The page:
Sarah Diemer just keeps sharpening her craft with each story I read from her. This short story, The Witch Sea, is no exception, for it boasts exquisitSarah Diemer just keeps sharpening her craft with each story I read from her. This short story, The Witch Sea, is no exception, for it boasts exquisite writing that rivals even some of the offerings in Diemer's longer works such as The Dark Wife and Sugar Moon. For those who have yet to read Diemer's work, I would say this short story is a great place to start. (If you need any more goading, the romance is between a witch and a selkie maiden... Can't say that isn't a hook in and of itself, right?)...more
Sugar Moon by Sarah Diemer is one of those books that had every potential for me to fall in love with it. Magic! Witches! Magic markets! SupernaturalSugar Moon by Sarah Diemer is one of those books that had every potential for me to fall in love with it. Magic! Witches! Magic markets! Supernatural creatures! Good and evil! As it is, this novella was really rather wonderful -- but I couldn't help the feeling that it was an idea that could have used with some more flesh and exposition.
The story follows a Maja (a witch who believes in a Goddess whose only command is to love) named Elise who lives a lonely life, traveling in her bandyloo (akin to a gypsy caravan) and bringing magic to other people's lives even as her own life seems devoid of it. The Moon Market, a gathering held among the Maja, is one of her only opportunities to socialize, and her brother Tom urges her to find a companion, as it is unnatural for any grown Maja to be alone.
But Elise has more concerns than just finding love, as sightings of the Fevered -- mysterious creatures who lurk almost as shadows blotting out the landscape -- remind her of the terrible past she thought had been laid to rest.
I'll be the first to admit that Sugar Moon offered me a very fascinating world, but the story didn't seem to rely on its unique elements -- the Moon Market, the various social groups/divisions within this world, even the true danger of the Fevered -- as much as it could have. Instead, the story is very much an internal account, the narrative drawn tightly around Elise and her own experiences.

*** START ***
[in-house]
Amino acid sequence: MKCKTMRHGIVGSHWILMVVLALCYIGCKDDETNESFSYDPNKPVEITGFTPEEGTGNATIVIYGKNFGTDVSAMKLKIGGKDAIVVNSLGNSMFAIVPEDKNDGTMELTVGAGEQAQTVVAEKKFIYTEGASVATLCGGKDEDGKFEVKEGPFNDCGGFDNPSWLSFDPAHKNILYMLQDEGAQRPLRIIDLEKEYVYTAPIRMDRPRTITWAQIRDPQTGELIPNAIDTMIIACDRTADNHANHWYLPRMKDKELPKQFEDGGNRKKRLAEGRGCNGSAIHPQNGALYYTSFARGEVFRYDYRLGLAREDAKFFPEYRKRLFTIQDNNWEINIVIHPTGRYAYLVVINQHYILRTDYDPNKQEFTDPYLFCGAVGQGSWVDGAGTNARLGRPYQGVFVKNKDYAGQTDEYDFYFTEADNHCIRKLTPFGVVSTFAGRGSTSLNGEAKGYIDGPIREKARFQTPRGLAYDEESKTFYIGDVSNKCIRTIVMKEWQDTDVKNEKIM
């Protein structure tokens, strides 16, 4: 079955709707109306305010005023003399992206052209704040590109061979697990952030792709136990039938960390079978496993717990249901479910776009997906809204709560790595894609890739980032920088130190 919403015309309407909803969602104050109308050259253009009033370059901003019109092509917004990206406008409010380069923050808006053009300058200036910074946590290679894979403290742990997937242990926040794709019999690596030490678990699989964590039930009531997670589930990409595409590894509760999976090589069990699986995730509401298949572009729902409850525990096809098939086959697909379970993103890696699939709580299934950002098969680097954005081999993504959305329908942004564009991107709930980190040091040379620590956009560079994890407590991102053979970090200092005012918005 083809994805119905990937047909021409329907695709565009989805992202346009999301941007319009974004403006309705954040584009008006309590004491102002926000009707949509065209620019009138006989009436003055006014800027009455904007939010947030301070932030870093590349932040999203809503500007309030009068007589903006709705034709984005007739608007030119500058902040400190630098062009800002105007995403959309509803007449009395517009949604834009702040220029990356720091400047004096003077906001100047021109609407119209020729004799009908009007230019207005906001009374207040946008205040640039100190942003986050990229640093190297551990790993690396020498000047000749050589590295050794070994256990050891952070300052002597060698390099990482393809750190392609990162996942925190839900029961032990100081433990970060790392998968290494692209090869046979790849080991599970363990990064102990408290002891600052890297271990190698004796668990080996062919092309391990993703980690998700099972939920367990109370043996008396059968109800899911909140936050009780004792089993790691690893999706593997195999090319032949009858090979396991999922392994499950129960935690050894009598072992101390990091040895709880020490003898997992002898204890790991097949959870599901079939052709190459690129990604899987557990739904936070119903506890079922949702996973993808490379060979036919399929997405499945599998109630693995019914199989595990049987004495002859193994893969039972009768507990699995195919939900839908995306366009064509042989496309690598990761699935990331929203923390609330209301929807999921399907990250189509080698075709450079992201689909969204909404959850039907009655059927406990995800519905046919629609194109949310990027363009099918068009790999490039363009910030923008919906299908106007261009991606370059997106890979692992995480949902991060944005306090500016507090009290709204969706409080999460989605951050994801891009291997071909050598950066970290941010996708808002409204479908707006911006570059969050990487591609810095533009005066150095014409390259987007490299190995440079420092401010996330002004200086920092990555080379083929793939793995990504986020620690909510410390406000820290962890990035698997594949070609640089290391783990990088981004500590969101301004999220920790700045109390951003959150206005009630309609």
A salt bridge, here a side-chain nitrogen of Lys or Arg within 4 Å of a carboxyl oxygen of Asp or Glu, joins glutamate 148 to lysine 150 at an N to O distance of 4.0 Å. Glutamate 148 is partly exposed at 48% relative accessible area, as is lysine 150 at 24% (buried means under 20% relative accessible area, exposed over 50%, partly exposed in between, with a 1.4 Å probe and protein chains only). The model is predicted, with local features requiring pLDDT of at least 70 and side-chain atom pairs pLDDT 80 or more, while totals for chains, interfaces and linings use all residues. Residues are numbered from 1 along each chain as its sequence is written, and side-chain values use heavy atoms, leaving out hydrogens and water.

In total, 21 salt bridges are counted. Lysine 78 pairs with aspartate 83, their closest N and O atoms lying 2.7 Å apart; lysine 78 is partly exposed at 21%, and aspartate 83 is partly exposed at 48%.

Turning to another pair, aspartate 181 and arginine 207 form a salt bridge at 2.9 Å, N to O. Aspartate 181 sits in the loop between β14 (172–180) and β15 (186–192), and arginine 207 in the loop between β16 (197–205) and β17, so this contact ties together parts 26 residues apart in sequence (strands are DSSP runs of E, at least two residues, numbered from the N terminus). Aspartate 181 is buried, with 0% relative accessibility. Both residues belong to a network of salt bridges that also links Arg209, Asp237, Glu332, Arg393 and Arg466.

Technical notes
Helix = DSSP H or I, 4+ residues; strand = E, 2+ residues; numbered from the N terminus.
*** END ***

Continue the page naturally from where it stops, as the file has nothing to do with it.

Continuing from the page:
The story in this first installment focuses on Elise meeting her love interest, Via, and then being sent on a journey to help banish the Fevered once and for all. However much I enjoyed the world within this novel, I can't say I enjoyed the romance -- one that's built on a mystic bond rather than companionship over a period of time -- as much as I should have. Though the nature of such a relationship fit into the world of this story, I'm not romantic enough to say I can ever back "insta-love" (made famous by many YA paranormal books), which to me never seems as true as love built from time and experience. Of course, other readers will likely find charm in such a pair twined together by fate, so take this reviewer's gripe with a grain of salt.
As always, Sarah Diemer's writing is just lovely. Though her stories thrive on characters rather than plot, she has such a way of weaving words that the reading experience is wonderful even without action-centric moments or plot twists and revelations within the narrative. It's easy to imagine your way into this world Diemer has crafted, and that in and of itself is a hard feat for any writer to manage.
However much I wished it would have been longer and deeper, Sugar Moon is a very solid fantasy novella built on whimsical moments, pretty prose, and vibrant emotions. Here's hoping that the sequel, Marrow Moon, will be just as engaging while also fleshing out even more of this magical world....more
Confession: before this year, I never read much science fiction. Why? Well, the genre is very convoluted to me, a person who is much more fantasy-orieConfession: before this year, I never read much science fiction. Why? Well, the genre is very convoluted to me, a person who is much more fantasy-oriented than science fiction-oriented.
However, I have to say that, if more sci-fi writers wrote like Phoebe North, I would be much more inclined to pick up sci-fi novels. She brings to mind the lush writing of Ursula K. Le Guin, except with a much more accessible flair.
Vadix, the alien character in this short story, is a longing, wanting soul. He wants to be with his mate, Velsa, but his studies come first. In a world where mating is as much of a necessity as it is a "recreational activity," Vadix and Velsa, who put their academic goals first, are seen as strange by their siblings and peers -- but still they continue on their paths even as a strange star looming overhead threatens to change their futures entirely beyond what they could imagine. . .
I can't wait to read more about Vadix and his future. There is just so much potential for a great story to unfold.
So, yes, you should read it because it's free and awesome. My prediction? Phoebe North may just revolutionize science fiction for young adults....more